Over the centuries, the lure of treasure has piqued man’s curiosity and launched a thousand ships. During the Age of Discovery, European monarchies sponsored voyages resulting in the creation of the international trade routes still in use today. The ensuing process of colonialism has had many poor outcomes which should not be overlooked; however, inter-state trade routes ultimately facilitated the diversification of populations and cultural exchange as multicultural communities started to emerge from this time.
Historically, currencies have always been in a state of change.
Trade blocs have since affected the ways in which different nations identify with currencies. According to the latest Parlemeter Survey, 75% of Germans and 64% of French citizens consider themselves European (meanwhile, just 36% of Britons consider themselves European, which may partially explain their exit from the EU). International currencies also have the effect of being much more liquid, as the cost of exchange is removed, so transactions are much more efficient.
A history lesson on currency.
As a Dane, I’m always interested in stories that reveal more about my ancestors. When people think of Denmark, they generally think of two things – Lego and Vikings. While Lego’s global reach is apparent, the Viking era isn’t really seen as synonymous with ‘the international.’
However, Vikings – and especially their hoards – are observably global. Discovered in 2007, the Vale of York Hoard features 617 silver coins from Asia, Afghanistan, Russia, Scandinavia and North Africa. Other discoveries have included coinage from Persia, Germany, Ireland, England, Hungary, Italy, Uzbekistan and the Czech Republic.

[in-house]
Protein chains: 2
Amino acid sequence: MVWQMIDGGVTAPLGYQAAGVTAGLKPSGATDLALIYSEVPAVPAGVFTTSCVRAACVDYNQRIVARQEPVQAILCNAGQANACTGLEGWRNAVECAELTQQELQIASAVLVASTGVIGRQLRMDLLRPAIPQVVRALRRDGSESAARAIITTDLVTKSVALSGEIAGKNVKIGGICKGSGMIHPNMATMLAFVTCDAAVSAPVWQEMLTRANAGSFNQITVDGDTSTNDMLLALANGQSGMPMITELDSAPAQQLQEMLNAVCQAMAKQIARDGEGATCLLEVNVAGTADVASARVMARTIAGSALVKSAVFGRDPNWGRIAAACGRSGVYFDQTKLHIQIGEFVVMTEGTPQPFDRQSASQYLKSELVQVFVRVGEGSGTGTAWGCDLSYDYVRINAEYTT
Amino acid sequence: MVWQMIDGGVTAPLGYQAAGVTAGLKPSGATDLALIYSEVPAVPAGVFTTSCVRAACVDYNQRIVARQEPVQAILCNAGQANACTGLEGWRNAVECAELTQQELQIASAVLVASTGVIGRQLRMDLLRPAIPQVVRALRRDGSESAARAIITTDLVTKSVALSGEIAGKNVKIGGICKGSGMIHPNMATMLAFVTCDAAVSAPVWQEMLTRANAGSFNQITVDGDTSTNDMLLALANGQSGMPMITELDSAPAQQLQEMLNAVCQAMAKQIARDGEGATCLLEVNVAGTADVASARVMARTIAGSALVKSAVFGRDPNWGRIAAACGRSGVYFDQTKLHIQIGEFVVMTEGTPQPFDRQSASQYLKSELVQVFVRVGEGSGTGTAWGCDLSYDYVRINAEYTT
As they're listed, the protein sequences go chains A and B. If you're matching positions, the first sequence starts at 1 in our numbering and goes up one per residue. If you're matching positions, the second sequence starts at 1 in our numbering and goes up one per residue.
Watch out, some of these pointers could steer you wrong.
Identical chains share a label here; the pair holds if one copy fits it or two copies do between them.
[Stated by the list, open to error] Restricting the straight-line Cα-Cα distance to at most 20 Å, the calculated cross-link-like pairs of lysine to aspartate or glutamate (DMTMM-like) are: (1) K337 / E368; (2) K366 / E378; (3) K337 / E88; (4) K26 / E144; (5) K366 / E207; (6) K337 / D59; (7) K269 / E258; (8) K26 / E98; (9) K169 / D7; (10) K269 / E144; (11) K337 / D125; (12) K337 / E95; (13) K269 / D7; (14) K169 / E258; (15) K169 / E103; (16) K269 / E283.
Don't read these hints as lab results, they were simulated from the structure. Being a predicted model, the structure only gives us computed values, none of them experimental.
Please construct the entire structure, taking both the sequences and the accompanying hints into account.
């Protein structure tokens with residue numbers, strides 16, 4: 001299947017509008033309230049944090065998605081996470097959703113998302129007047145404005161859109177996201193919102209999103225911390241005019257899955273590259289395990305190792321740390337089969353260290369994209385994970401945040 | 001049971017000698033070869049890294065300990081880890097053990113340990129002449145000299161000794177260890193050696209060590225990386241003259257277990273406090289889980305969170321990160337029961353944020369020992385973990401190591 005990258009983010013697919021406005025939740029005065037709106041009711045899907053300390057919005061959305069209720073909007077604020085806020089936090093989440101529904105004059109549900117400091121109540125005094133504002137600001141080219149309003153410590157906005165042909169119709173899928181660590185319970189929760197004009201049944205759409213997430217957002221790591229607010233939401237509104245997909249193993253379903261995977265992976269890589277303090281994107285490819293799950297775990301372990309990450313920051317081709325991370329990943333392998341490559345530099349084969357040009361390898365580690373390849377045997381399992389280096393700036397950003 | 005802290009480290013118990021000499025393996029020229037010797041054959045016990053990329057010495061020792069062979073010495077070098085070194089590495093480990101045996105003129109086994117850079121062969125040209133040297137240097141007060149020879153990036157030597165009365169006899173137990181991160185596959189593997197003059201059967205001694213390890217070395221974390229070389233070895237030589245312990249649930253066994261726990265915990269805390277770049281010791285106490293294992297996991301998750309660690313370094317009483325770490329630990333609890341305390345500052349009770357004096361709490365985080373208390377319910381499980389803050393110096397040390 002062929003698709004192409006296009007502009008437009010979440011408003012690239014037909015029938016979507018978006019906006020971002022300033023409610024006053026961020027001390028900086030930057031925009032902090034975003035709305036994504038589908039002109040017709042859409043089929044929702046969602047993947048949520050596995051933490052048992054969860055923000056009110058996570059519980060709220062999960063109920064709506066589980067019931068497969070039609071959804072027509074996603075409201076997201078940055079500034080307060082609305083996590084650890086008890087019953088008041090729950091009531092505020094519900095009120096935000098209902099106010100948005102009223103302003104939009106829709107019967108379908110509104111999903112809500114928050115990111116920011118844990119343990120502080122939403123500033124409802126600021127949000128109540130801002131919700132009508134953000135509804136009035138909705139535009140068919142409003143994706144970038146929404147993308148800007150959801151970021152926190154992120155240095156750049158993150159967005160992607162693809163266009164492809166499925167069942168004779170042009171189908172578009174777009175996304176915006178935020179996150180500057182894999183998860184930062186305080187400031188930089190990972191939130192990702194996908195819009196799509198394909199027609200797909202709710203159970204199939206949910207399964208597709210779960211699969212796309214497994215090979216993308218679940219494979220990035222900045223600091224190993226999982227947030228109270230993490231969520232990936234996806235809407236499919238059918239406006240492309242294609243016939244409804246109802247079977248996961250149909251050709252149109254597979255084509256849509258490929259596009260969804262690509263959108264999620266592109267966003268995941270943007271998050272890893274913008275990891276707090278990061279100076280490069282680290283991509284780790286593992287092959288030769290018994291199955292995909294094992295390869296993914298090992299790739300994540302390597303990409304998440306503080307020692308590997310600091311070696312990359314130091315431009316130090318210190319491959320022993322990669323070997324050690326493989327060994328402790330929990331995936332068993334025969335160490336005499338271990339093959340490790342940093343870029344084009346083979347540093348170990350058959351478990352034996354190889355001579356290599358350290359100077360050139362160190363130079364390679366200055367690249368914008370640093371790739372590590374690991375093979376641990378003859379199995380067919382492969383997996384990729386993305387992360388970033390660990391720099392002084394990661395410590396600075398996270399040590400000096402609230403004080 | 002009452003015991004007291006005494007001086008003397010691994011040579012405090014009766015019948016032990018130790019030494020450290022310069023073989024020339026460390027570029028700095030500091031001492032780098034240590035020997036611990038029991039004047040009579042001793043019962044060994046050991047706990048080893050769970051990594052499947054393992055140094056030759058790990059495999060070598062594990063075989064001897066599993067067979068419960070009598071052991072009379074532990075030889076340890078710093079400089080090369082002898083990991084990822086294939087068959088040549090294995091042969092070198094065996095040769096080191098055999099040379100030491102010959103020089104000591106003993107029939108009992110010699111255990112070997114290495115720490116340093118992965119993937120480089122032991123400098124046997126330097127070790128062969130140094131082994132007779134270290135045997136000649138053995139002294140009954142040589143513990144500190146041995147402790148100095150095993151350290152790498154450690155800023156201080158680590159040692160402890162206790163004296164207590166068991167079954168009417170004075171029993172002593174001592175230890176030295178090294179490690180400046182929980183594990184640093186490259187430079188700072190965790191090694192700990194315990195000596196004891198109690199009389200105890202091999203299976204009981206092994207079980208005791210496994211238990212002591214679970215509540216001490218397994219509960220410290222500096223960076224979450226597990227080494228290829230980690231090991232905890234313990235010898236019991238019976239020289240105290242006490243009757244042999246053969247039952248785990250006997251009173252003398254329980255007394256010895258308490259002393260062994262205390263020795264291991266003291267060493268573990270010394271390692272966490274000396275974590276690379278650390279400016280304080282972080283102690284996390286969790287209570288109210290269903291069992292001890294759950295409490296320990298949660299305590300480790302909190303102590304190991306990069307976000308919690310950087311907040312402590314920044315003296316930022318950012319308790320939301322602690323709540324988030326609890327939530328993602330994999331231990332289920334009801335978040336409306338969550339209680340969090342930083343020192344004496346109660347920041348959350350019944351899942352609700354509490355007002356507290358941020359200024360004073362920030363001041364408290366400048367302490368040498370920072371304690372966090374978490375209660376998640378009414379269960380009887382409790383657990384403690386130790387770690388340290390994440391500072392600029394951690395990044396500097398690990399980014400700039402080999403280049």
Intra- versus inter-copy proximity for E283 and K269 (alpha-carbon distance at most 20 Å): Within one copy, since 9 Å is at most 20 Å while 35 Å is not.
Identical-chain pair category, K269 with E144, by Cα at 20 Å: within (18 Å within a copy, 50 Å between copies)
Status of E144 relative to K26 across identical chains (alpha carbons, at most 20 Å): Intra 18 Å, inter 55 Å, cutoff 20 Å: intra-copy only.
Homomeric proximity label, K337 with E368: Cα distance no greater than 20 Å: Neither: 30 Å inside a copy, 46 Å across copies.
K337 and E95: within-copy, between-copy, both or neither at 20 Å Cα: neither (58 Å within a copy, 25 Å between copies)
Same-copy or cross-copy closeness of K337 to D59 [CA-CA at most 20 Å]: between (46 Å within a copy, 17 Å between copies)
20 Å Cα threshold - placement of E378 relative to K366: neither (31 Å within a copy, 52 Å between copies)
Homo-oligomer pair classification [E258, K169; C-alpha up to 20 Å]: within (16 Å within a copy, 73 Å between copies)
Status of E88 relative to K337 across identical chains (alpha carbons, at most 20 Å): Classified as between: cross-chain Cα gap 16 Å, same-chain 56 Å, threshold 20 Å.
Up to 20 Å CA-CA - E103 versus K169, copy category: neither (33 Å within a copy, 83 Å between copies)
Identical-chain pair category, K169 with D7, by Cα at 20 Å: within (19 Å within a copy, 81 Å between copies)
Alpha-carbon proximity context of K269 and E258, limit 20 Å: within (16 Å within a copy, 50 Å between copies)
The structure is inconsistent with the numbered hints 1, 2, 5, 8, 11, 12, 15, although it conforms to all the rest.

The purpose of hoards is frequently debated – some historians postulate that wealth was buried in order to hide it from raiders, while others hypothesise that they were an ostentatious display of wealth. Regardless, the variety of currencies found buried offers insight into just how internationally Vikings ranged and how many different cultures enjoyed contact with them.
It’s all about the money.
Although coinage appears to have been introduced around the 5th or 6th Century BCE as a means of replacing bartering, there is much speculation about when the first coin was minted. According to Aristotle, the first coins were minted by Demodike of Kyrme, the wife of King Midas of Phrygia, though numismatists generally agree that the first coins were minted on the Greek Island of Aegina, either by the local rulers or by king Pheidon of Argos.
Meanwhile, the money in your pocket becomes more and more virtual.
Even then – and especially in the current pandemic – physical cash is in the process of rapid de-circulation. Schumpeter once said that “Creative Destruction is the essential fact about capitalism” and money itself is no exception. We are now witnessing the creative destruction of physical money in its entirety. In the ‘Tap and Go’ age, money is not buried, but is channelled through our wallets and phones. Furthermore, challenger banks like Monzo have experienced phenomenal growth by waiving foreign cash withdrawal fees; they are expected to reach more than 5m users by the new year. I am sure that the average Viking – trading in hacksilver and voyaging for wealth – would be shocked to find that wealth can be stored, traded or spent from a card or phone.
As money moves from physical cash to digital currency, it’s our job to adapt.
Which brings me neatly to my final thought. It’s the responsibility of producers to digitally transform. Digital cash and de-manned production processes have massive implications for improving inter-business efficiency, all while reducing the scope for human error. In the current context, sectors which have displayed digital maturity are the ones which have recovered from the pandemic most effectively. Maybe, then, it’s time for us to quit burying our treasure and digitize instead.